BWW Reviews: A TASTE OF HONEY, Crucible, Sheffield, 29 Oct 2012
The Crucible's performance of A Taste of Honey is the first major revival of the British classic since the death of playwright Shelagh Delaney last year. The play is a drama with a large degree of comedy, and looks at Jo (Katie West), a young woman on the cusp of adulthood and how she navigates her relationships with men and with her often-absent mother Helen (Eva Pope) as she faces her future.
The play is set in a small, dingy flat in Salford, one of many homes Helen has dragged Jo to over the years. The set is based around four corners of the flat - the entrance/exit, the kitchen, the bedroom and the living space, and the stage rotates throughout the play to emphasise different rooms at different times. Soutra Gilmour's design is simple, but very effective, and is coupled with the effects of rain on the back wall in key scenes to highlight the depressing conditions. On the far (audience) left of the stage there is a live jazz trio 'outside' the flat, whose music punctuates the scene changes and provides a strong sense of atmosphere, as does Peter Mumford's lighting, which is subtle and never intrusive.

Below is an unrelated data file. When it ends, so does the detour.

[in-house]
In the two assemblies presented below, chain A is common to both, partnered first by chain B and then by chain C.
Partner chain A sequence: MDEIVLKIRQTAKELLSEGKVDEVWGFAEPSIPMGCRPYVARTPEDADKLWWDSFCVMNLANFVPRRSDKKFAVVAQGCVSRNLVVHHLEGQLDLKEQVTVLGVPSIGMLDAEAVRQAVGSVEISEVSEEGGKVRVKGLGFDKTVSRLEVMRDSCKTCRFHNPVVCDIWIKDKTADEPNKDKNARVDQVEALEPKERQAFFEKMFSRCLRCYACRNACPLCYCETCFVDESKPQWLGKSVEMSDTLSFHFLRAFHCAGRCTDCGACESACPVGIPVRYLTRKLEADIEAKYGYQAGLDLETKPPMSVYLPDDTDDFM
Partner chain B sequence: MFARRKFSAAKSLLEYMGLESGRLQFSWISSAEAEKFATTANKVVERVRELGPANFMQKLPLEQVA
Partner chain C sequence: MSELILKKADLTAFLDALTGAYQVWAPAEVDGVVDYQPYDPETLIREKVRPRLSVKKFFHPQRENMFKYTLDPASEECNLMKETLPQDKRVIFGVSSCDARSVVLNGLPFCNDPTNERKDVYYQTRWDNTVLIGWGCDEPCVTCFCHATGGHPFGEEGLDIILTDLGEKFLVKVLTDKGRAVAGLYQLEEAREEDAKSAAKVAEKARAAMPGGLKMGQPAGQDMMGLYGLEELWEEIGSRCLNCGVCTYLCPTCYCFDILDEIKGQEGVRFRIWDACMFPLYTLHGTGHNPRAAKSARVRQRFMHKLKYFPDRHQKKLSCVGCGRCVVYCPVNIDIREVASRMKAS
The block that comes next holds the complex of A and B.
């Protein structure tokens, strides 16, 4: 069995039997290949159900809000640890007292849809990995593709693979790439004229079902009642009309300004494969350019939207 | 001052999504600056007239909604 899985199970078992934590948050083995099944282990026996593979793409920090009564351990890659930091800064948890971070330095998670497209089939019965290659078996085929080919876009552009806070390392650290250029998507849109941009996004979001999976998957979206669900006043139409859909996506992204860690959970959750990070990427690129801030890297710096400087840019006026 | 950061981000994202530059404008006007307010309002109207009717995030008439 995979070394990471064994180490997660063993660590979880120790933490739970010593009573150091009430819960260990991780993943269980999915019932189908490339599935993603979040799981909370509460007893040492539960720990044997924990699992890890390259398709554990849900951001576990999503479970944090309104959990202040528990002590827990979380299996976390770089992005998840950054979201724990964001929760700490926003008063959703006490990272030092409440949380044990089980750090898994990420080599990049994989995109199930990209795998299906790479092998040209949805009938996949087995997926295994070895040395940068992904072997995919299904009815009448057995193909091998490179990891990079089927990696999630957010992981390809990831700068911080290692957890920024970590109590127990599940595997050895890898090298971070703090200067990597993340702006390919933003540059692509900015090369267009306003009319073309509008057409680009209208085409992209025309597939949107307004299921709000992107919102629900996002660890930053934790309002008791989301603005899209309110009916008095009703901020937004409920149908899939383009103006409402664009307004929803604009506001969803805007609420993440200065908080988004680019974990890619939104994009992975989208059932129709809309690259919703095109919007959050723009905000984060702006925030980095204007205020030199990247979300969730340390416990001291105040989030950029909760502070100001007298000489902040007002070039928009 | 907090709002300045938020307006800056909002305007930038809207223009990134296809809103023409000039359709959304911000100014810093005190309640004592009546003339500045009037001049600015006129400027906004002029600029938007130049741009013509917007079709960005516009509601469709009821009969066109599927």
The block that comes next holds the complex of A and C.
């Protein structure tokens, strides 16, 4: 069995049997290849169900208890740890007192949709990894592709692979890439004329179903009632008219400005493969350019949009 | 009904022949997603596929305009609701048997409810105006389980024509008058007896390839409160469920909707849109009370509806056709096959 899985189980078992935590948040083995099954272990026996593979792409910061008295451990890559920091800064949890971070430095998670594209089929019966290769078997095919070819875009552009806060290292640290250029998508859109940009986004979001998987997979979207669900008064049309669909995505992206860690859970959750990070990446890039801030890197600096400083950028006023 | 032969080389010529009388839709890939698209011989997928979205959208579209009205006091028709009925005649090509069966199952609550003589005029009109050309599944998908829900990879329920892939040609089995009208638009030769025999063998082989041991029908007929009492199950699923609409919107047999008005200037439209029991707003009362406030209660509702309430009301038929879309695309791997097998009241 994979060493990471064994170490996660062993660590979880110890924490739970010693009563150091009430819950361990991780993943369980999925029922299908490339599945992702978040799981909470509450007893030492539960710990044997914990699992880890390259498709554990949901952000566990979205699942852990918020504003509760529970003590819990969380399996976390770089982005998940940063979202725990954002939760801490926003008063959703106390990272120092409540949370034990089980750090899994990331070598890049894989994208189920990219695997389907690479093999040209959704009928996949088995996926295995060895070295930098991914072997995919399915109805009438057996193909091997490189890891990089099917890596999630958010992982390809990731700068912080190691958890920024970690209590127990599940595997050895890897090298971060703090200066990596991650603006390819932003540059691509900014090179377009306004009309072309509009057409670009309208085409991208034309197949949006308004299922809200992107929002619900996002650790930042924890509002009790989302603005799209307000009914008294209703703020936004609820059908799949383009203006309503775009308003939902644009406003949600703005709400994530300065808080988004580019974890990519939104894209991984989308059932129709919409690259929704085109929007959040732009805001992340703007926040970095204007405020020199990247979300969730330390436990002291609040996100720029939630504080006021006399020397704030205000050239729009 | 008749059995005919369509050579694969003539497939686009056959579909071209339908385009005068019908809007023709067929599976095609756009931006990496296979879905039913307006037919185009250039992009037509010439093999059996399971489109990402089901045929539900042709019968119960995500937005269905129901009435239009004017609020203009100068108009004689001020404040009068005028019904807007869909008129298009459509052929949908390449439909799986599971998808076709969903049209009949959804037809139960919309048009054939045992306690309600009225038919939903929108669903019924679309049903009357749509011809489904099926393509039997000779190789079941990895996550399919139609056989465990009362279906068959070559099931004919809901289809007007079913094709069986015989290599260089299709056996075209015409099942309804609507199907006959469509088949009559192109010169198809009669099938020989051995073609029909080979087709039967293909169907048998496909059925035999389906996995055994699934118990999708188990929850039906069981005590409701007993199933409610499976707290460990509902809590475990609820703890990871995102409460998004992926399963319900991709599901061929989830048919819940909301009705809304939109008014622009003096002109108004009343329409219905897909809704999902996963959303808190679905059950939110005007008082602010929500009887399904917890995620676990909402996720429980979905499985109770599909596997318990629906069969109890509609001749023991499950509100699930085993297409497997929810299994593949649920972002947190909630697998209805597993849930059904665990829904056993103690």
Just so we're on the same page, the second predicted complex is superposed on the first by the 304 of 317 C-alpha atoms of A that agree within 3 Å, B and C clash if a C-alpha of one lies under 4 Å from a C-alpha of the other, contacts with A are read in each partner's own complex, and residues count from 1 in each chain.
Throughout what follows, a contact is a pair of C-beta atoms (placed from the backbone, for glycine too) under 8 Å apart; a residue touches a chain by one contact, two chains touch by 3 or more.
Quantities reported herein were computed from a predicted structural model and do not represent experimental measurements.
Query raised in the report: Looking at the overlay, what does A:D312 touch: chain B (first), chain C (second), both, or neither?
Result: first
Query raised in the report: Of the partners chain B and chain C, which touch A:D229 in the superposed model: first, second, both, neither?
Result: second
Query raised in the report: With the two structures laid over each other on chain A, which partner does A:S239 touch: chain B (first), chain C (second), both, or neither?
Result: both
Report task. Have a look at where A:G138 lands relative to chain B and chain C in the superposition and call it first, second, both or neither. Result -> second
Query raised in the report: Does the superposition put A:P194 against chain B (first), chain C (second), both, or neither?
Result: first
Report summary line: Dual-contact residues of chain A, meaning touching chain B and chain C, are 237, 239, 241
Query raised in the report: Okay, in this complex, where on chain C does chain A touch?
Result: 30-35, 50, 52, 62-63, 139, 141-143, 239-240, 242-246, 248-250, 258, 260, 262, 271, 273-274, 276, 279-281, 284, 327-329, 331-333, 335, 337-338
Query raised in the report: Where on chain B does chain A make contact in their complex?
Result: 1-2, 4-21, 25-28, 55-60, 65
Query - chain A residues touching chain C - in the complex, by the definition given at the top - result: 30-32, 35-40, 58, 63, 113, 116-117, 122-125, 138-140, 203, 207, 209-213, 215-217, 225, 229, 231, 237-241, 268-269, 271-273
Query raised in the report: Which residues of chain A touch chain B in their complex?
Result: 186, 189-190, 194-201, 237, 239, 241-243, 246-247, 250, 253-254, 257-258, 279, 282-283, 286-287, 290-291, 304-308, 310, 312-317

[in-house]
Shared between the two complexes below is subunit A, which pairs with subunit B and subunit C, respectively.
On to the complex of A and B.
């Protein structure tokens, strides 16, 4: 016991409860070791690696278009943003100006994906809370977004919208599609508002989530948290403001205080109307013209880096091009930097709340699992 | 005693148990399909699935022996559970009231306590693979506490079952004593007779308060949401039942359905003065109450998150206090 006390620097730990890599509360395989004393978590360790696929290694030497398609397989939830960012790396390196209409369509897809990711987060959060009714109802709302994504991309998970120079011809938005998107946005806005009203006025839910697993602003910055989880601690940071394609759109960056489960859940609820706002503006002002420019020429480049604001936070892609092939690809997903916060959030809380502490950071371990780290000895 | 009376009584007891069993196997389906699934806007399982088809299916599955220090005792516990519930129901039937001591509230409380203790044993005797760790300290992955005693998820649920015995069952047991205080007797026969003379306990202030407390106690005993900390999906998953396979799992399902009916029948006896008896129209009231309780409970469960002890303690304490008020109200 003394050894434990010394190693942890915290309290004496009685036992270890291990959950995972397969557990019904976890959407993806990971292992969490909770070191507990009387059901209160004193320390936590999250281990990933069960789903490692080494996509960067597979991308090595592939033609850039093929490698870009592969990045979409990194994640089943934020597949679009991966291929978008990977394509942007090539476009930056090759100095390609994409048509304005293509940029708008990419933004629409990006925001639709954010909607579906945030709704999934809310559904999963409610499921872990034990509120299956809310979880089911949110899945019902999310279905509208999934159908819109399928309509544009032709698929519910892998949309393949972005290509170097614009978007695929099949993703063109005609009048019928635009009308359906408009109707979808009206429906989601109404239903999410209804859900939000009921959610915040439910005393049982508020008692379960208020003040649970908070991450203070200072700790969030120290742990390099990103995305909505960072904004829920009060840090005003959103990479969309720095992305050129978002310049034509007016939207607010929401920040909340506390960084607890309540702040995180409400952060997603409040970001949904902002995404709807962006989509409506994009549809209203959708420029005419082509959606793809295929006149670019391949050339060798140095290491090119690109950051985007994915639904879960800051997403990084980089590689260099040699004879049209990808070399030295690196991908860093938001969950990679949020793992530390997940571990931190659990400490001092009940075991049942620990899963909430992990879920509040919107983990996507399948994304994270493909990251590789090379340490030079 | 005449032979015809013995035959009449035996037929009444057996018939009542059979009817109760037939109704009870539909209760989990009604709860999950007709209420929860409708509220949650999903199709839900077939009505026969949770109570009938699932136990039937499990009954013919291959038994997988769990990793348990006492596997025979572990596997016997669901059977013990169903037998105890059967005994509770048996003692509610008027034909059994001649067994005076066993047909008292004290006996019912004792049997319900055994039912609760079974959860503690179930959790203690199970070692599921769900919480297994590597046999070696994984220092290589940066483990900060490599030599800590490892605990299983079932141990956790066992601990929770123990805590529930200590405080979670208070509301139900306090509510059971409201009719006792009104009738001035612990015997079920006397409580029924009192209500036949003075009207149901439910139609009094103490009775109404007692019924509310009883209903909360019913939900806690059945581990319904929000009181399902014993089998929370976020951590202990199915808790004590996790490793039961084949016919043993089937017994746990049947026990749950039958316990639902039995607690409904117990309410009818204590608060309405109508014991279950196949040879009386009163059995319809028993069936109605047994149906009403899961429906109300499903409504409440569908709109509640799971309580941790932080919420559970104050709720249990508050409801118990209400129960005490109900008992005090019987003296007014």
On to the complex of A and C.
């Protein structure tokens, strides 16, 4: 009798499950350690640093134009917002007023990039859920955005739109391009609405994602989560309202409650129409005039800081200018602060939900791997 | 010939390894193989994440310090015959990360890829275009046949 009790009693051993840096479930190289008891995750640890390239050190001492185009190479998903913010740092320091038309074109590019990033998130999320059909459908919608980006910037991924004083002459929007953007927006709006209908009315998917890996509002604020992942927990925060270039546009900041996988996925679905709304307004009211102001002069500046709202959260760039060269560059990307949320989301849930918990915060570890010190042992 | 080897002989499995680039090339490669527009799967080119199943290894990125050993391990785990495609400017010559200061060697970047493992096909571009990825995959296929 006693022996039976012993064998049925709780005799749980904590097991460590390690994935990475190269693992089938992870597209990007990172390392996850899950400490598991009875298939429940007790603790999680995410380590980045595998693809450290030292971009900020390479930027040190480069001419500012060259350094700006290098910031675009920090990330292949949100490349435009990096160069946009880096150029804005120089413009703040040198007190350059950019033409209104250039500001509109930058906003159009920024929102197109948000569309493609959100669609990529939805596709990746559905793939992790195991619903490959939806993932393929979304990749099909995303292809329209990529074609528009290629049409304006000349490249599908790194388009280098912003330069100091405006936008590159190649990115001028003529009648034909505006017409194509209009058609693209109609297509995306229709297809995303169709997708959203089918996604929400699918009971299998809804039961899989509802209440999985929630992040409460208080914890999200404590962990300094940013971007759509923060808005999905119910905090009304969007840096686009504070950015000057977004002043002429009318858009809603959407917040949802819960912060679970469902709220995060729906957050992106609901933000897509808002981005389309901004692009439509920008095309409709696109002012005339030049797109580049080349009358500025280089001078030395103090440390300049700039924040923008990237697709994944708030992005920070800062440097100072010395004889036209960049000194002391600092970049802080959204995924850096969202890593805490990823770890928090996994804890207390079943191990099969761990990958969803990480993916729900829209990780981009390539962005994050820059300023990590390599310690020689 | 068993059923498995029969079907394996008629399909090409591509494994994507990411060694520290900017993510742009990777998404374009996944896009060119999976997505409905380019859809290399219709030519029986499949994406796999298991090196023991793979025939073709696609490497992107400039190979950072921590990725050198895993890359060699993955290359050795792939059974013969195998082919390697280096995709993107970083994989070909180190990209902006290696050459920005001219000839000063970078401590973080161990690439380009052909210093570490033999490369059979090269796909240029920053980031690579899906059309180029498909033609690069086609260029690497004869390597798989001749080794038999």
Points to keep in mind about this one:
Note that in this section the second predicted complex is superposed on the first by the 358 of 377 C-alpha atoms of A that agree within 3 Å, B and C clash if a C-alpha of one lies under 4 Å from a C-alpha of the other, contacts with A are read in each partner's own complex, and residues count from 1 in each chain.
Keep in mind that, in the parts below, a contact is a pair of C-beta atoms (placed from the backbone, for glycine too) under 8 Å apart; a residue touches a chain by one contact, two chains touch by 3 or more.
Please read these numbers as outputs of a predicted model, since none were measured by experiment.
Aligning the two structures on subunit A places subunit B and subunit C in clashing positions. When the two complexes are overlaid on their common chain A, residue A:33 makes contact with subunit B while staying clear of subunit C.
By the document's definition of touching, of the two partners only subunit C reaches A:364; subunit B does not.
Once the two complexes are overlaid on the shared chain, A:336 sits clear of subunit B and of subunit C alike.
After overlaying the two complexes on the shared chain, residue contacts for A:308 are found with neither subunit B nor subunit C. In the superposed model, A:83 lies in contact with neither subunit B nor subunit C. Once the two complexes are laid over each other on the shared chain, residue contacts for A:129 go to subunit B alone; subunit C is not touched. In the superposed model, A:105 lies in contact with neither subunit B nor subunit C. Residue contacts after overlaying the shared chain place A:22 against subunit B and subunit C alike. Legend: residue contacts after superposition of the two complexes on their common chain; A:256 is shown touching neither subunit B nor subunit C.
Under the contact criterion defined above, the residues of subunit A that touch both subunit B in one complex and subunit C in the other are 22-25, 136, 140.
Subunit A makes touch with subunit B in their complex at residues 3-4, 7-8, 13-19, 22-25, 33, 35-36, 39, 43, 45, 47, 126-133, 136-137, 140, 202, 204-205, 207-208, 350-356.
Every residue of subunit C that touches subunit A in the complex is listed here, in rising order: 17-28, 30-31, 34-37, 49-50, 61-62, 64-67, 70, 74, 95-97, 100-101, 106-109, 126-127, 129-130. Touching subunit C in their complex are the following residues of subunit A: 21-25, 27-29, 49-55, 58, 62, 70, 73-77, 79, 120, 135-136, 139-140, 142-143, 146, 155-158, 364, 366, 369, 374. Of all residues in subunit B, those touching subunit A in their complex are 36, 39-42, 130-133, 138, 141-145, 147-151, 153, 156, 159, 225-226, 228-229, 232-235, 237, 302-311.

The play is carried by three central performers, Pope, West and Christopher Hancock, who plays Jo's best friend Geof, and they are supported well by Andrew Knott as Helen's lover Peter and David Judge as Jo's boyfriend Jimmie. Pope in particular demands the audience's attention whenever she is on stage, in a role very different from the one I'm most used to seeing her in, well-meaning headteacher Rachel in Waterloo Road. Her performance reveals the multifaceted nature of Helen's character: her arrogance, impulsiveness and recklessness combined with an insecurity, an affection - and fear -for her daughter (which she struggles to express most of the time) and regrets over bad decisions made in her youth. She is perhaps a more conventionally attractive and more sympathetic Helen than in some other productions but for me, this worked well - others may disagree.
West's performance of Jo may also prove divisive - the performance is infused with great energy and humour and, in the second act in particular, we get to see something of the depth of pain that lies beneath Jo's confident front. However, particularly in the first act, the confident act Jo is putting on feels almost relentless and it would have been nice to see the chinks in her armour earlier on. The character is meant to be seventeen, but often feels as though she is being directed and played as someone much younger (even if we take into account that she is meant to be seventeen in the late 1950s/early 1960s). Despite some reservations about the characterisation, West is a very physically expressive performer who commands attention and retains incredible energy throughout. Hancock provides a convincing portrayal of the well-meaning but somewhat spineless Geof who inspires both frustration and sympathy in equal measure.
Overall, this is a dynamic and fast-paced revival of the play which should prove popular with a wide audience.
A Taste of Honey is at The Crucible, Sheffield, until 17 November.